I am most often asked by prenatal students whether or not it is okay for them to attend yoga classes that are not geared specifically to soon-to-be-mamas. The answer is, heck yeah! Yoga means relationship and there is not a more beautiful time to practice yoga than when you are creating a little being inside of you. Time commitments during prenatal classes or a love of a certain class, studio, or teacher may be reasons why moms-to-be may want to take yoga classes geared toward the general population. Regular classes can be adapted during pregnancy with a little guidance.
General tips for non-prenatal yoga classes:
1. Listen, listen, and listen to your body! I cannot say this enough. At this time in your life, your body is at its most intuitive. You don’t need a yoga teacher or anyone else to tell you what is good for you and your body; your body will tell you. IF A POSE HURTS OR FEELS UNCOMFORTABLE, SKIP IT.
2. Tell the teacher you’re pregnant. Even if you think it’s obvious. He or she may not be paying attention to your middle, or may not feel comfortable asking. If your teacher knows, he or she can offer a modification suited to your body, and advise on which poses to skip. Keep in mind, your teacher cannot give you his or her full attention for the entire class. Take care of yourself and your baby by avoiding anything that is painful or uncomfortable.
3. Avoid fast moving breaths. Fast-paced breaths increase your internal temperature and can lead to agitation. During pregnancy your resting body temperature rises and there is no need to raise it further with breath work. Inhale through nose and exhale out through your mouth.
4. Speaking of heat. Unless you have had a pretty consistent practice prior to be pregnant in a heated room, now is not the time to start. If you are continuing to practice in a heated room, hydrate. Hydrate, hydrate and hydrate.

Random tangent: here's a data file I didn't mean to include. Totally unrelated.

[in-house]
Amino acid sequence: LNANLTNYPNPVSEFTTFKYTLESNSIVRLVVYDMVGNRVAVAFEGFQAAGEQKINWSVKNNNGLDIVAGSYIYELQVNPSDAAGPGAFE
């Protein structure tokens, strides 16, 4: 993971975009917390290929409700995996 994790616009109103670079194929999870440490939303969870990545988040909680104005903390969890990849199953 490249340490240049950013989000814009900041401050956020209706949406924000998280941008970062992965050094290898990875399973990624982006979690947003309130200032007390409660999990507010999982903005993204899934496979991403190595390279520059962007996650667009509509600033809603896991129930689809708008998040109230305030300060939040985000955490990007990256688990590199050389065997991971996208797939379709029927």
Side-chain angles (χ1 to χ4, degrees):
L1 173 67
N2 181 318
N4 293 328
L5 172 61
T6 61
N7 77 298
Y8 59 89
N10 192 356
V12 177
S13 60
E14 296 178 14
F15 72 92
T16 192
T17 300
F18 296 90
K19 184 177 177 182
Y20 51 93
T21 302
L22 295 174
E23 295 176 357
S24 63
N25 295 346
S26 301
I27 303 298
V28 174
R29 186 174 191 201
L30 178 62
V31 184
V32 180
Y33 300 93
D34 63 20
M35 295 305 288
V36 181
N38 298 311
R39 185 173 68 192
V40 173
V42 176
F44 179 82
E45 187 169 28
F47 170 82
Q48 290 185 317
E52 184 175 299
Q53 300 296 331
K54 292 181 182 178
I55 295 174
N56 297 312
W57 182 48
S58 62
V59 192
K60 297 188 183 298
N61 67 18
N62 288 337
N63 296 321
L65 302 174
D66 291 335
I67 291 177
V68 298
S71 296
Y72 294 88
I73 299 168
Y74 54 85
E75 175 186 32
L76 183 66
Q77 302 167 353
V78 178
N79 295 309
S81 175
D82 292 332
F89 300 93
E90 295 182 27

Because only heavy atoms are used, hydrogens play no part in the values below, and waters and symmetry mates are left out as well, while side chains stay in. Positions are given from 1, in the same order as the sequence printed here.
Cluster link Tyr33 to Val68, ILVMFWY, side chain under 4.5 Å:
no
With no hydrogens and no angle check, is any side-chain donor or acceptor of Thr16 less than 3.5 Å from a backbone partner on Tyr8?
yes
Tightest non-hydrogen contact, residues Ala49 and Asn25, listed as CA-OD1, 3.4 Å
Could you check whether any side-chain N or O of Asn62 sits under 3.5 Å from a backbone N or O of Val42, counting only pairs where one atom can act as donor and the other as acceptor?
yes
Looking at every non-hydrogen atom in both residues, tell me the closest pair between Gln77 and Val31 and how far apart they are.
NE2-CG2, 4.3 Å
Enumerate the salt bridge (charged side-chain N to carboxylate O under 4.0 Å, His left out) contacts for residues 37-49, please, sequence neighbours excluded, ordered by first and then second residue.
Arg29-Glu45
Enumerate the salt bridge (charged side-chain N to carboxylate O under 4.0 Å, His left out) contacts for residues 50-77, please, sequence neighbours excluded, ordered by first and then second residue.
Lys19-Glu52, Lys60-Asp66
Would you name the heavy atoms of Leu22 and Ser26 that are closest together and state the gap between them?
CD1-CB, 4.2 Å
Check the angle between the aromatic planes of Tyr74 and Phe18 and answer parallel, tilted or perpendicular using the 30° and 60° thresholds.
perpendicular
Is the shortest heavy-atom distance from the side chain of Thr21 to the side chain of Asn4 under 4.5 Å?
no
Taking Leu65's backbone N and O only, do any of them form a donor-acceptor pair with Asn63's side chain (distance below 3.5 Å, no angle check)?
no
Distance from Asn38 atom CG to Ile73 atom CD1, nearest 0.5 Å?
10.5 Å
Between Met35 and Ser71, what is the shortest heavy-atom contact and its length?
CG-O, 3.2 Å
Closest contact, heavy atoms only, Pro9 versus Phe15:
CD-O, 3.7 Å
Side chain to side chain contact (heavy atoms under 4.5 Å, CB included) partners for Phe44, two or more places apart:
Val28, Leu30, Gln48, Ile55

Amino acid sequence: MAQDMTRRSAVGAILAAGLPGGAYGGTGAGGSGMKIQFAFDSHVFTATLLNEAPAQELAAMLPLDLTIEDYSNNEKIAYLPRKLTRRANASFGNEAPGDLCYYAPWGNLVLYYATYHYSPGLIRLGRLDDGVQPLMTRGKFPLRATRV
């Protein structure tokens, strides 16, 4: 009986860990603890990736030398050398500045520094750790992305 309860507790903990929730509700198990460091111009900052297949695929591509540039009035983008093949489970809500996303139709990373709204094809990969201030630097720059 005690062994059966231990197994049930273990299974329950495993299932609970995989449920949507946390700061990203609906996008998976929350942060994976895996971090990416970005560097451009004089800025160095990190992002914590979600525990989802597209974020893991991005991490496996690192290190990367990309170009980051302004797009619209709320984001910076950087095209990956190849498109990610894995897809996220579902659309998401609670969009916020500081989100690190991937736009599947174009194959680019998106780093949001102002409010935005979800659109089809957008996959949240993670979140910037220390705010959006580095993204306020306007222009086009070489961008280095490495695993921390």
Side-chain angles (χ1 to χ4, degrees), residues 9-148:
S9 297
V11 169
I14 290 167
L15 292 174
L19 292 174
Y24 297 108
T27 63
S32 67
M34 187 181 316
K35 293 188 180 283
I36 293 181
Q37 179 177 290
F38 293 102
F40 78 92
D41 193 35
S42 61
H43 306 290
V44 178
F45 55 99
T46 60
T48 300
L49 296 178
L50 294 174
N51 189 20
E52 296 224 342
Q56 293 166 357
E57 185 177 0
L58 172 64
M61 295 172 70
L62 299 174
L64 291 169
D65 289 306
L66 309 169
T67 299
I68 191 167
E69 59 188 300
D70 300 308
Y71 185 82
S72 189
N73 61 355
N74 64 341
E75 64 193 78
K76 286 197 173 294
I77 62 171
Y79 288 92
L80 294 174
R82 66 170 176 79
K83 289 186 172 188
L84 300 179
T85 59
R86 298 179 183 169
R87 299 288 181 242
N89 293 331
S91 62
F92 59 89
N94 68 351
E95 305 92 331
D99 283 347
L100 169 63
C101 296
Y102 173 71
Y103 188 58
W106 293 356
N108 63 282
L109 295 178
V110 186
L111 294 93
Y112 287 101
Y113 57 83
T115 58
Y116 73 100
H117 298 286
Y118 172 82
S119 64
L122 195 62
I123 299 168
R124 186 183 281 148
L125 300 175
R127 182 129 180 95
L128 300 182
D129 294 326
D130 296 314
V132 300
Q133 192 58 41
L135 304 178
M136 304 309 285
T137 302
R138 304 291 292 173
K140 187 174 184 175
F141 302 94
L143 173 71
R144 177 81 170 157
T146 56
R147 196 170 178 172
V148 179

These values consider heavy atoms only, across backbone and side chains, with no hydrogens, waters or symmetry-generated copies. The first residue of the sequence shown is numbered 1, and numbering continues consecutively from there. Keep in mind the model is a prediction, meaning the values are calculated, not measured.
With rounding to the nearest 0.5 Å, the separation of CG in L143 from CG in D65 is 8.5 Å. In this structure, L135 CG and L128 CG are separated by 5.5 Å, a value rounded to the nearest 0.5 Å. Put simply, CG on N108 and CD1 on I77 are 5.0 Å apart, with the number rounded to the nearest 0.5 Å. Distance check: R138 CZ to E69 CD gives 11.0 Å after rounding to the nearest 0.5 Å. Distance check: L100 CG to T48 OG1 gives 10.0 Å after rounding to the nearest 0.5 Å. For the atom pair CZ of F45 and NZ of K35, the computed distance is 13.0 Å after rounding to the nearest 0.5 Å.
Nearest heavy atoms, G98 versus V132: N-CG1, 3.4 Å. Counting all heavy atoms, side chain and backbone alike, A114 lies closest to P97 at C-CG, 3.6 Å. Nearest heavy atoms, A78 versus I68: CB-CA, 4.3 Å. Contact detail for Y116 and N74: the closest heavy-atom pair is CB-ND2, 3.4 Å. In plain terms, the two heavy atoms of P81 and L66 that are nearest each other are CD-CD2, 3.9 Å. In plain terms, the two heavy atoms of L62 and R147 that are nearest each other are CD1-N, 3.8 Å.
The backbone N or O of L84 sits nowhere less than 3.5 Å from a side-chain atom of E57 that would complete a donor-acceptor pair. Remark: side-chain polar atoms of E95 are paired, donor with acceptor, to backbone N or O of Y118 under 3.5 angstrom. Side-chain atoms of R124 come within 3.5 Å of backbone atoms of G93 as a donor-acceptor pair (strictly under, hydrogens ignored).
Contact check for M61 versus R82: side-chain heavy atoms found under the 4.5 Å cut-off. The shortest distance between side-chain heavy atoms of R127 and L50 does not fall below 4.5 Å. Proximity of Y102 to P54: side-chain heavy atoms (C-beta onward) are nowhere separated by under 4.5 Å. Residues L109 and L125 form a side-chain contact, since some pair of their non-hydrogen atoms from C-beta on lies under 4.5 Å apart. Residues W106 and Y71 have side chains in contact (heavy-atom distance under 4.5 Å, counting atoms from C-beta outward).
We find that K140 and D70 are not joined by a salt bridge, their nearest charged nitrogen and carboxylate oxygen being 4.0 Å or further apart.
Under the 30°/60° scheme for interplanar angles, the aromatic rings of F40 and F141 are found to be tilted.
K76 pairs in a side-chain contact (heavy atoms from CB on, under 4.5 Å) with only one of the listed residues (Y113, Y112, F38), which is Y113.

5. Avoid jumping back into Chatarunga, especially in the first trimester. If you don’t know what jumping back into Chatarunga is, simply avoid jumping.
6. Avoid closed twists. The idea is to give your baby more space to grow. Closing off that space is both uncomfortable and counterintuitive.
7. Avoid over-stretching. Sometime during your second trimester your body releases a hormone called relaxin, which encourages flexibility in your joints. This is to help with labor, not to help you do that split you’ve always wanted to do! Be mindful of moving too far into stretches and back off before you reach your limit. While your joints are more flexible it is still possible to tear a muscle.
8. Don’t be afraid to work your body. If it feels good, and you don’t have any medical conditions advising against it, move and stretch and sweat! You are training for one of the greatest athletic feats of all time: motherhood.
9. Avoid core work or backbends on your stomach. Again, the goal is to make more room for your baby, not condense and shrink their living quarters. You have your whole life to do core work!
10. Use props! Even if you didn’t use them before pregnancy, a couple blocks and a strap might be particularly helpful as your body changes.
11. Continue to do inversions. If you did inversions before your pregnancy, and want to continue to do them, and they feel good for both you and your baby it’s fine. Make sure you feel confident going upside down.
12. Live in the moment. This is especially important to remember as your body changes. It is likely that the way you do poses, the poses you can “do”, and the poses you prefer will change throughout your pregnancy. It is best to roll with it. Try not to get caught up in poses you were doing before pregnancy, as your body is working on nourishing a being inside of you. Perhaps doing crow pose is not on your body’s list of priorities. Stay present and take time to notice how your body is feeling. When you roll out your mat, move in a way that feels good each day.